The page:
Crucible

The trumped-up witch hysteria in Salem, Massachusetts, deteriorated the
rational, and emotional stability of its citizens. This exploited the
populations weakest qualities, and insecurities. The obvious breakdown in

Salemís social order led to the tragedy which saw twenty innocent people hung
on the accusation of witchcraft. Arthur Miller, author of The Crucible, used
hysteria to introduce personality flaws in vulnerable characters. A rigid social
system, fear, and confusion were evident conditions that became prevalent before
and during the witchtrials. These conditions only contributed to the tragedy in

Salem. The isolation of the Puritan society created a rigid social system that
did not allow for any variation in lifestyle. The strict society that was
employed at this time had a detrimental effect on the Proctor family. John

Proctor, a hard working farmer who had a bad season the year before and
struggling this year was occasionally absent at Sunday service. This was due to
the fact he needed to tend to his crops. Also, Proctor did not agree with the
appointment of Mr. Parris as the newest minister, and therefore did not have his
last child baptized. With the latest craze of witchery and swirling accusations,

John Proctor was easily indicted of being a messenger for the devil by the
testimony of his disillusioned servant Mary Warren, who in the past committed
perjury. The court who heard the testimony easily accepts it because she is a
church going person, while John Proctor slightly deviates from the norm. This
transfer of blame is also noticeable when the truth is first discovered about
what the girls were doing in the woods. The girls were not blamed. The blame was
put on Tituba, the "black" slave who was said to have
"charmed" the girls. Abigail swears that "she [Tituba] made me do
it".(pg.40) It is obvious that in the Puritan society that whatever did not
conform to what the masses had decided as proper, then the deviated, but
innocent, were to blame. This practice contributed to the tragedy in Salem. The
fear of what was unknown created an uneasiness within Salemís population that
added to Salemís social demise. The circumstances surrounding the witchtrials
gave residents something to blame the supernatural on. The condemning of Tituba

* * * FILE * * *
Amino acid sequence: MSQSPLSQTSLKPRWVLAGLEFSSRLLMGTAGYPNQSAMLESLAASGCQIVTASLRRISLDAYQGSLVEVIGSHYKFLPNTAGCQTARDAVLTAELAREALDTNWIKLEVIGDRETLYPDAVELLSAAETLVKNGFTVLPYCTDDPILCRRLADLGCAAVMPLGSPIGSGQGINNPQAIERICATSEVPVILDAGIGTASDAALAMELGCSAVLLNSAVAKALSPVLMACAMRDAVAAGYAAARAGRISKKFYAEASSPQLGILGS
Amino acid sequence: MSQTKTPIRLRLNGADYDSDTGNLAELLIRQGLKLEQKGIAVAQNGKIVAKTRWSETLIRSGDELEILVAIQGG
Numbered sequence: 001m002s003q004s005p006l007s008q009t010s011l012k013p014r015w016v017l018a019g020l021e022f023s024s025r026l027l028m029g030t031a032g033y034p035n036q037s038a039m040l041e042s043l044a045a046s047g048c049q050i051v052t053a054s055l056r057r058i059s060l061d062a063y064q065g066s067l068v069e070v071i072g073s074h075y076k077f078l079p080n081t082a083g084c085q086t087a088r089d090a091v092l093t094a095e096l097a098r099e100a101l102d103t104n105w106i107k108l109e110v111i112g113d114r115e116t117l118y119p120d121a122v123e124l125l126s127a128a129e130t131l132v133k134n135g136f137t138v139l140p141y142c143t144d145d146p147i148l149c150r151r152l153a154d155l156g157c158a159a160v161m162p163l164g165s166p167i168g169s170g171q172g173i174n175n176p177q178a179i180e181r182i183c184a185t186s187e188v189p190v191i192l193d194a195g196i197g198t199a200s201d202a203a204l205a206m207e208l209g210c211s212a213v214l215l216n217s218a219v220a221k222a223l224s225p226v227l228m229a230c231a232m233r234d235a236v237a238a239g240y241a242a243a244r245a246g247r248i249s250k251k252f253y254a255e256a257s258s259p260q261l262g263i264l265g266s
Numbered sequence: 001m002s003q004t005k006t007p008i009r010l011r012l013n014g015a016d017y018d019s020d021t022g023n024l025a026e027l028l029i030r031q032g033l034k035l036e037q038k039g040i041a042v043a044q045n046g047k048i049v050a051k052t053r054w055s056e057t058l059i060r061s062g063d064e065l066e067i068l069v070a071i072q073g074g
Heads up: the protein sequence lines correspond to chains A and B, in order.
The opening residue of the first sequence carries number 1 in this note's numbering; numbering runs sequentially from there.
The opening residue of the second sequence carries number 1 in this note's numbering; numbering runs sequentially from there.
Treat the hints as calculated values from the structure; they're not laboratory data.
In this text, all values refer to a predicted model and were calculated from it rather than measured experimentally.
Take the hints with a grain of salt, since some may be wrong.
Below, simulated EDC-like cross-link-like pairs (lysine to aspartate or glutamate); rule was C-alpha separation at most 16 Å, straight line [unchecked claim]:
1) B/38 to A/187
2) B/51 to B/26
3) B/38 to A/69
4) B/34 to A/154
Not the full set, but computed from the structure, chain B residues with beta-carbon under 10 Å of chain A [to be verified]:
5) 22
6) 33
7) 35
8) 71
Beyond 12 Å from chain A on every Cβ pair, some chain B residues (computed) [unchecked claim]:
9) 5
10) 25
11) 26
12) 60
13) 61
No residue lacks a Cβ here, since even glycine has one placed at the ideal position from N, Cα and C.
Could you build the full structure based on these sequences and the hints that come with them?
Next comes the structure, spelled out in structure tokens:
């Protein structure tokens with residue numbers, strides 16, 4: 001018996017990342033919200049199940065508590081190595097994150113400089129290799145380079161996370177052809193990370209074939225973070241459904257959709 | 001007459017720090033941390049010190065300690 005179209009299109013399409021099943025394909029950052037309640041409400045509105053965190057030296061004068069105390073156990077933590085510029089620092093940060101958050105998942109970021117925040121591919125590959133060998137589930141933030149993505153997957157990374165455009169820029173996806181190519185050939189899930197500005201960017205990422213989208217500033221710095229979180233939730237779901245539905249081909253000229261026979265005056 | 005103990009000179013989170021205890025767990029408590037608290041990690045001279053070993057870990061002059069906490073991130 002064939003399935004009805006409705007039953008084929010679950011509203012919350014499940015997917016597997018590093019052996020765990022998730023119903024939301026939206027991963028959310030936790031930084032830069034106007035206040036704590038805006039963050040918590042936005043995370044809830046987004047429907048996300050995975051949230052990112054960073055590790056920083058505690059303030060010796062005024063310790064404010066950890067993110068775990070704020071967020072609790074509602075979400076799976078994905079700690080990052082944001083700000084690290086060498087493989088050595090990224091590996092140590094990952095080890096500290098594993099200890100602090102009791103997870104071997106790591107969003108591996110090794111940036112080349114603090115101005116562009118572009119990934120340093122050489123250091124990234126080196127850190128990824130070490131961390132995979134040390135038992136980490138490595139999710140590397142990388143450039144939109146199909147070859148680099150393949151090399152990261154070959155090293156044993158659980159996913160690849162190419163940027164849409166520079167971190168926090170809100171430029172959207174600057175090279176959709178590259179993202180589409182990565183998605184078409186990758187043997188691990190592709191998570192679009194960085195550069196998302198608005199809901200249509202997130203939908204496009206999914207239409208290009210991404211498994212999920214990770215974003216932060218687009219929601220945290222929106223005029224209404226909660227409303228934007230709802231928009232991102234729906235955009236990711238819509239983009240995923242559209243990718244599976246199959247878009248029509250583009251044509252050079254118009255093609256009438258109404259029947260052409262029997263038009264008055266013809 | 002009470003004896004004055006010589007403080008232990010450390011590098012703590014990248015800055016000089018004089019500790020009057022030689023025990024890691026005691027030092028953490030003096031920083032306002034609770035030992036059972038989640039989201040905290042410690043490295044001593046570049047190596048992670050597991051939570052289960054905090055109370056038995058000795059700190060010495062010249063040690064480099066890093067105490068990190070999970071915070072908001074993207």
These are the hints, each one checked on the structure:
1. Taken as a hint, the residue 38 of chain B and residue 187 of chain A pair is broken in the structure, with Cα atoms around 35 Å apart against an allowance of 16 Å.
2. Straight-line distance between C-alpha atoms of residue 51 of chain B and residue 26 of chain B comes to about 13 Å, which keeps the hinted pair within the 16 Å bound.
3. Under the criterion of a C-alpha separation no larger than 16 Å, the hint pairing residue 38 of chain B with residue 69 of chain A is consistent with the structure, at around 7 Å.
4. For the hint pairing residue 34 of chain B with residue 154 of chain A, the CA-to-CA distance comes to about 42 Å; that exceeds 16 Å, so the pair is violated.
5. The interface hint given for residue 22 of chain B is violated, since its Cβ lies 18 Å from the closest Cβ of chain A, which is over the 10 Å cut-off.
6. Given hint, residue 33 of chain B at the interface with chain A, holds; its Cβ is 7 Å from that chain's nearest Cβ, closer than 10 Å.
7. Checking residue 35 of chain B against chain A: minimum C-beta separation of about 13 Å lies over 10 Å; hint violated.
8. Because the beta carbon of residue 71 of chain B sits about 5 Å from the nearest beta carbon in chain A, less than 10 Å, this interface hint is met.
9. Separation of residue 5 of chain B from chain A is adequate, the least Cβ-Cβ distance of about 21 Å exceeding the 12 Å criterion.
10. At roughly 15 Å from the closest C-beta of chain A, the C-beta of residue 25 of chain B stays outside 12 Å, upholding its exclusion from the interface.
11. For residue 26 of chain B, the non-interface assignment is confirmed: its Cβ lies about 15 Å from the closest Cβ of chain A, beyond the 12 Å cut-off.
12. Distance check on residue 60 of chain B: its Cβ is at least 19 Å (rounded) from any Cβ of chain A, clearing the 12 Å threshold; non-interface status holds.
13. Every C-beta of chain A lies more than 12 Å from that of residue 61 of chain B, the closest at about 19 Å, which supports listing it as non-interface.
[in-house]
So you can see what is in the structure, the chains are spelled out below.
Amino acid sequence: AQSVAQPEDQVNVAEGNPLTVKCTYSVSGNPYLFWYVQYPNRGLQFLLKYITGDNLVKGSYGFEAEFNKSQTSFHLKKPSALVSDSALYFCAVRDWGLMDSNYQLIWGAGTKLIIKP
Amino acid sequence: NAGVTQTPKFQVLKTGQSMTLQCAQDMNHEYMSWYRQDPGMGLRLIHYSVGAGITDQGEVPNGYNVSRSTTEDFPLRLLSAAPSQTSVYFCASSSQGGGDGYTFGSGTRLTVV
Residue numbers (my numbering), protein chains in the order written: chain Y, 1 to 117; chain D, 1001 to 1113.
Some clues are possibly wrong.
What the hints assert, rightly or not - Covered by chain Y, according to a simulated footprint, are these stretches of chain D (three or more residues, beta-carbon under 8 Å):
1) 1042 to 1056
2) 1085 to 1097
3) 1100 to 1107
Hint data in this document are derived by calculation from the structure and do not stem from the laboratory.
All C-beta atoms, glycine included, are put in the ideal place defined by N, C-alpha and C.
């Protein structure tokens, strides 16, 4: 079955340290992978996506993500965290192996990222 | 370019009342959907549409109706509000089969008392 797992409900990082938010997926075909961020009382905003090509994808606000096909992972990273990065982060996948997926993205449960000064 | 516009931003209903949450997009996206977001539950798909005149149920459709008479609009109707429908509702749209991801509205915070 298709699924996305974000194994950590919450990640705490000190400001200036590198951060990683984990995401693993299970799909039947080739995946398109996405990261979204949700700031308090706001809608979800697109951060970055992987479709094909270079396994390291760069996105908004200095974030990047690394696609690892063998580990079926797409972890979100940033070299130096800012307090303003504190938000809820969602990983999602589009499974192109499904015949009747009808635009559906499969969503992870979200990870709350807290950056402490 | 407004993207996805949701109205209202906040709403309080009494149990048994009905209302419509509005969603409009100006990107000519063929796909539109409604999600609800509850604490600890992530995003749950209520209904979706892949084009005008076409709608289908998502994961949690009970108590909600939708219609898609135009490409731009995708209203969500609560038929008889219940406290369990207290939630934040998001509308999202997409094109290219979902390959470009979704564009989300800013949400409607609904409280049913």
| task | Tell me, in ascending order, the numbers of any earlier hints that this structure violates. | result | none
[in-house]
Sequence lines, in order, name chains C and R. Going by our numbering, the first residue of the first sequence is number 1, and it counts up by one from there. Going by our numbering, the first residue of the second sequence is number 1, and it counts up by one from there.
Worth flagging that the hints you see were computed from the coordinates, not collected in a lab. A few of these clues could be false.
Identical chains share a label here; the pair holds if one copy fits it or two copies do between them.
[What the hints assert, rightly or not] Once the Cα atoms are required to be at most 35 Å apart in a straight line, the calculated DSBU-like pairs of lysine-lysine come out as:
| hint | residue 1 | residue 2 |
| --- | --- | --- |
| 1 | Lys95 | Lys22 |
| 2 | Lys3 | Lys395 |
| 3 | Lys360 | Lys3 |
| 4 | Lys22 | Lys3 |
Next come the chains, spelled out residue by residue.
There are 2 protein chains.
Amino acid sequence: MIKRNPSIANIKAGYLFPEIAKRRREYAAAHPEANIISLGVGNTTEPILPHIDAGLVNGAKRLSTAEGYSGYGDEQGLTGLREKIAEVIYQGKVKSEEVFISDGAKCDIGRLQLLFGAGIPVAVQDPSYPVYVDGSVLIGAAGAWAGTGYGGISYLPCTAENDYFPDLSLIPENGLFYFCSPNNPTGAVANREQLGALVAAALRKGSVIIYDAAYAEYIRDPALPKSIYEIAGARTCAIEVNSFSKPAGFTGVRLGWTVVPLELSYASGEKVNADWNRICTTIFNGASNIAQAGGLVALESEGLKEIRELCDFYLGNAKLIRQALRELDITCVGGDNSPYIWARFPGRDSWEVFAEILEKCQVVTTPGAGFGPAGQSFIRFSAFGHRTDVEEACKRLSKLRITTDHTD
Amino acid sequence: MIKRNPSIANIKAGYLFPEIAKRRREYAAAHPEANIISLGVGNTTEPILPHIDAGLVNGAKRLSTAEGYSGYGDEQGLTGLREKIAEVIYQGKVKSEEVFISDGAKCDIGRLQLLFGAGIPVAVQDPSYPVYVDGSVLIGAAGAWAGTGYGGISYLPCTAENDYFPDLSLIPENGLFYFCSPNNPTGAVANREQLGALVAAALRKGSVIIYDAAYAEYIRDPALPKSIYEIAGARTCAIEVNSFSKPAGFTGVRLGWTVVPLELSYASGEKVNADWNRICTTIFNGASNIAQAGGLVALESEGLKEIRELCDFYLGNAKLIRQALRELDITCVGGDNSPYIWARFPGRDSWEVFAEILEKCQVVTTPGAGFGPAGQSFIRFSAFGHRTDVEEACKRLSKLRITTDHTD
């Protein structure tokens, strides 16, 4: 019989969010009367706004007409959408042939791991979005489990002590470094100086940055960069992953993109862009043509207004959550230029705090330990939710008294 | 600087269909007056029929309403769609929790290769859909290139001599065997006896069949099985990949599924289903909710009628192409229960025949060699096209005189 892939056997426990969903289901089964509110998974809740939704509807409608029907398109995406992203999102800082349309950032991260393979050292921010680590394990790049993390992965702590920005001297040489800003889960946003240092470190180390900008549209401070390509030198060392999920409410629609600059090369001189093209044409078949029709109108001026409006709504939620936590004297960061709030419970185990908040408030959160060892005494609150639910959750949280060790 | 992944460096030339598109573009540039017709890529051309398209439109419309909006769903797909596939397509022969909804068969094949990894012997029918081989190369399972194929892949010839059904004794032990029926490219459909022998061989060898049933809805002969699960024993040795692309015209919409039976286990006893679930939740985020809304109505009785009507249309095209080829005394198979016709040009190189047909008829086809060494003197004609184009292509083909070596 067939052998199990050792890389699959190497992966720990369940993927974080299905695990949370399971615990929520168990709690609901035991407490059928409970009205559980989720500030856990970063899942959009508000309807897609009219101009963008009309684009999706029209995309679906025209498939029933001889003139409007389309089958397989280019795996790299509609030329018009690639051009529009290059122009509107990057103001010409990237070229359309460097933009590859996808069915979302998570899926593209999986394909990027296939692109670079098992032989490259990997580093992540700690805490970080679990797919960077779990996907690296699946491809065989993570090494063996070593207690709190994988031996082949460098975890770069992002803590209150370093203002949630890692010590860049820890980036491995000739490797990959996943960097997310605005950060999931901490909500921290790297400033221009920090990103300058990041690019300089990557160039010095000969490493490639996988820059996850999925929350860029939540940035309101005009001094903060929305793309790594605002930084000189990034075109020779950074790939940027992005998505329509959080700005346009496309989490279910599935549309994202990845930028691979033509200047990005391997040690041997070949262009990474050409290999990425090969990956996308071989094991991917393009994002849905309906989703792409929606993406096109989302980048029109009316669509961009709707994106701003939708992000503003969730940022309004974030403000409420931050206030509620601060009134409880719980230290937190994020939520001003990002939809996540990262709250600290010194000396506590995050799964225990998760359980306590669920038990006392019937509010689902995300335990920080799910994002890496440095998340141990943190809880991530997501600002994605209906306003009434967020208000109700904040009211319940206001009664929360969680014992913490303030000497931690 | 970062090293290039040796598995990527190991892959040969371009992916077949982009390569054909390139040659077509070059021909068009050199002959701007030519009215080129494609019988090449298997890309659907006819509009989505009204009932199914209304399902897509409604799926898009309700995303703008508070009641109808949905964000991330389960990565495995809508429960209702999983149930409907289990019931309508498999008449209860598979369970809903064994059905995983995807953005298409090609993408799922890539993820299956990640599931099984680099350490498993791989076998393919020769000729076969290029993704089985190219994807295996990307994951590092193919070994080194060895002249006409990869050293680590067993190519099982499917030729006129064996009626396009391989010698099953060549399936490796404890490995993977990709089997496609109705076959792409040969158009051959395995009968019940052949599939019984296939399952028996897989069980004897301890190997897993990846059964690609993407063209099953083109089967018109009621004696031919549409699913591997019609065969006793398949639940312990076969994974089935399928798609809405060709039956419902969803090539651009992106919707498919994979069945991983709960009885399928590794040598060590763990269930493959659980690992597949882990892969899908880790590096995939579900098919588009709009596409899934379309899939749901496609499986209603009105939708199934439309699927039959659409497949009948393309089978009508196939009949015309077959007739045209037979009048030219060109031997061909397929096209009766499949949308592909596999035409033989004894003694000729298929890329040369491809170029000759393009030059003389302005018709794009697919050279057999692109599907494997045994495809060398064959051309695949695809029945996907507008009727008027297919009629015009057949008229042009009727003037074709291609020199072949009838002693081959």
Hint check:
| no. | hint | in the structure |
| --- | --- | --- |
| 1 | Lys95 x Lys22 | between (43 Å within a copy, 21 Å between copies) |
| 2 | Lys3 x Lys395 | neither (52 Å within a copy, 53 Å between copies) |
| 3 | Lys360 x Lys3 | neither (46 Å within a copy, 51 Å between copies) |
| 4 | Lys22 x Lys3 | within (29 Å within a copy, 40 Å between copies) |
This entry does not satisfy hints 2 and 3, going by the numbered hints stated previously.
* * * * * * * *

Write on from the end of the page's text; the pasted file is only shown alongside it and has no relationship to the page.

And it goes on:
was mainly due to this. When Tituba took the girls into the woods, and they
performed their ceremony, something the Puritans were not accustom to, she
convicted of witchery. Along with Tituba, Martha Corey was indicted solely
because she would not allow Giles to read them. Giles also stated that "I
tried and tried and could not say my prayers. And then she close her book and
walks out of the house, and suddenly--mark this--I could pray
again!"(pg.38) This evidence of witchery is preposterous. The only thing
that is true is that Giles was not allowed to read the books, and because he did
not what the books contained, he feared them. This type of reaction throughout
the community to the supernatural, and what was not known indicted many people,
and contributed to the tragedy in Salem. The state of mass confusion in Salem
created a society of individuals who were only concerned with what was good for
them, so that they would not be the next one implicated in the witchery scandal.

This situation is clearly evident after Hale becomes privy to the true story of
what happened in the woods. Abigail abandons Tituba, and accuses her of
"sending her spirit on me in church; she makes me laugh at
prayer"(pg.41), and Abigail also says Tituba "comes to me every night
to go and drink blood"[devilís blood](pg.41). Abigail reacts like this
only to save her from being suspected of witchery. At the end of Scene One, many
community members are accused of consorting with the devil. These names were
given by all of the girls present that took part in the ritual in the woods, in
an attempt to return to the graces of God and to be declared bewitched. This was
a common reaction that many had when accused of witchery.It led to
confrontations which pitted neighbor versus neighbor and husband versus wife.

The delirium which created this situation aided in the misfortune proceedings in

Salem. The evident destruction of Salemís social order was due to rigid
stipulations on deviation, fear of the unknown, and mass confusion. These
conditions left Salem susceptible to an apparent epidemic such as witchcraft.

The susceptibility that Salem fell victim to, was the cause of a great tragedy
which saw twenty townspeople hung at the hands of the state. The Crucible
written by Arthur Miller is a story of a great catastrophe which